Andrea: Here in Italy, I wrote a lot of articles for computer, technology and videogames magazines. In 2014, I created an online magazine (www.notiziedalfronte.it) whose goal is to document the history of the First World War, as though you were reading events as it unfolded on that day. There is exactly 100 years of delay.  That is, on September 20, 2018, you’ll read the news as it would have appeared on September 20, 1918 and so on. This site is followed by more than 3.000 Italian readers. This makes me a historian communicator.

I am a collector of stories. That’s exactly why wrote this book. The Ultima series is special because Richard Garriott was able to change the formula of his games many times. He succeeded at renewing it without losing the loyalty of his fan-base. There are very few video game series that spans their life in decades as Ultima.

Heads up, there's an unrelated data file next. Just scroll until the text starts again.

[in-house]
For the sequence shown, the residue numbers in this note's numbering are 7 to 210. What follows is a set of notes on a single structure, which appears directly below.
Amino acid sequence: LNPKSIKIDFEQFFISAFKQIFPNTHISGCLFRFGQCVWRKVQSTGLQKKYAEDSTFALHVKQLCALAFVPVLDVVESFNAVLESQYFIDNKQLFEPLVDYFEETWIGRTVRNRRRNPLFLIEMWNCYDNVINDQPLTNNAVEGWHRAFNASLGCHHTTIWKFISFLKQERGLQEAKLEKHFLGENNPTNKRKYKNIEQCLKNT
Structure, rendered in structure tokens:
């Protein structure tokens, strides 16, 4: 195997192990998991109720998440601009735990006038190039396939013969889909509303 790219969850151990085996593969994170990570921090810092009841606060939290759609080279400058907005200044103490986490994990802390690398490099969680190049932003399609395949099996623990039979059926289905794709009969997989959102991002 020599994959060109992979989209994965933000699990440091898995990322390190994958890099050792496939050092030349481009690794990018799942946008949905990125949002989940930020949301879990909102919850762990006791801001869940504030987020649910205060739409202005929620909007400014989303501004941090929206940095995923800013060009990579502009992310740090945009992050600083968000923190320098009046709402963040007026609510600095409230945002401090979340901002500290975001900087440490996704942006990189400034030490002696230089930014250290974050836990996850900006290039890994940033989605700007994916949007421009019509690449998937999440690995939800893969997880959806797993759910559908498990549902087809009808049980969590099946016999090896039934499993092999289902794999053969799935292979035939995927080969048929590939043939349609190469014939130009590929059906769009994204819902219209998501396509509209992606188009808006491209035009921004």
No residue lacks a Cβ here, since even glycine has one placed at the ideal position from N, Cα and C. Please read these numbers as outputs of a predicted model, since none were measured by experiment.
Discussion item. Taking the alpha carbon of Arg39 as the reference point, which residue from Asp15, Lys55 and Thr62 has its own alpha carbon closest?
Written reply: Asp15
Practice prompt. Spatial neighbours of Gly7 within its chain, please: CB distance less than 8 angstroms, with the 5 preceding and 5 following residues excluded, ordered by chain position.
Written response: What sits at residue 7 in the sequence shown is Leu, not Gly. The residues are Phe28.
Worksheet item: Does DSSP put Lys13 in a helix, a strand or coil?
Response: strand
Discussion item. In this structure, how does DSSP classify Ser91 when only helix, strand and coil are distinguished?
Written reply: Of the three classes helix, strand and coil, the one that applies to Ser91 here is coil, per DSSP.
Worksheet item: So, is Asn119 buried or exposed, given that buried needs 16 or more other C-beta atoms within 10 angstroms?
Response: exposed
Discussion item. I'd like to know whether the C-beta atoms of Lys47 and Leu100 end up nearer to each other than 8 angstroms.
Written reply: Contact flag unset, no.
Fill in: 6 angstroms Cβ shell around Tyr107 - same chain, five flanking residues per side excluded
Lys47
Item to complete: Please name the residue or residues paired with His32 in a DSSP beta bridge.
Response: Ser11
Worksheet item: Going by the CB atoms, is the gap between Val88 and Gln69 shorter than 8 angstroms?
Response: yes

Enrico: I am a professional fashion and advertising photographer since 1985 and am based in Milan. Apart from my job, I love all the visual art forms, and I believe the video game medium is one of the new expressions of art. In the last 10 years, the technologies made available to graphic designers and developers has allowed recreating fantastic worlds with extraordinary realism. They are real works of art. One such game is From Software’s Bloodborne (inspired by H. P. Lovecraft). Their amazing use of lighting technique and choice of colours perfectly materialized the gothic atmosphere this great writer described.

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[From the Archives] Chatting with Shawn Gabborin about Charles Band’s Puppet Master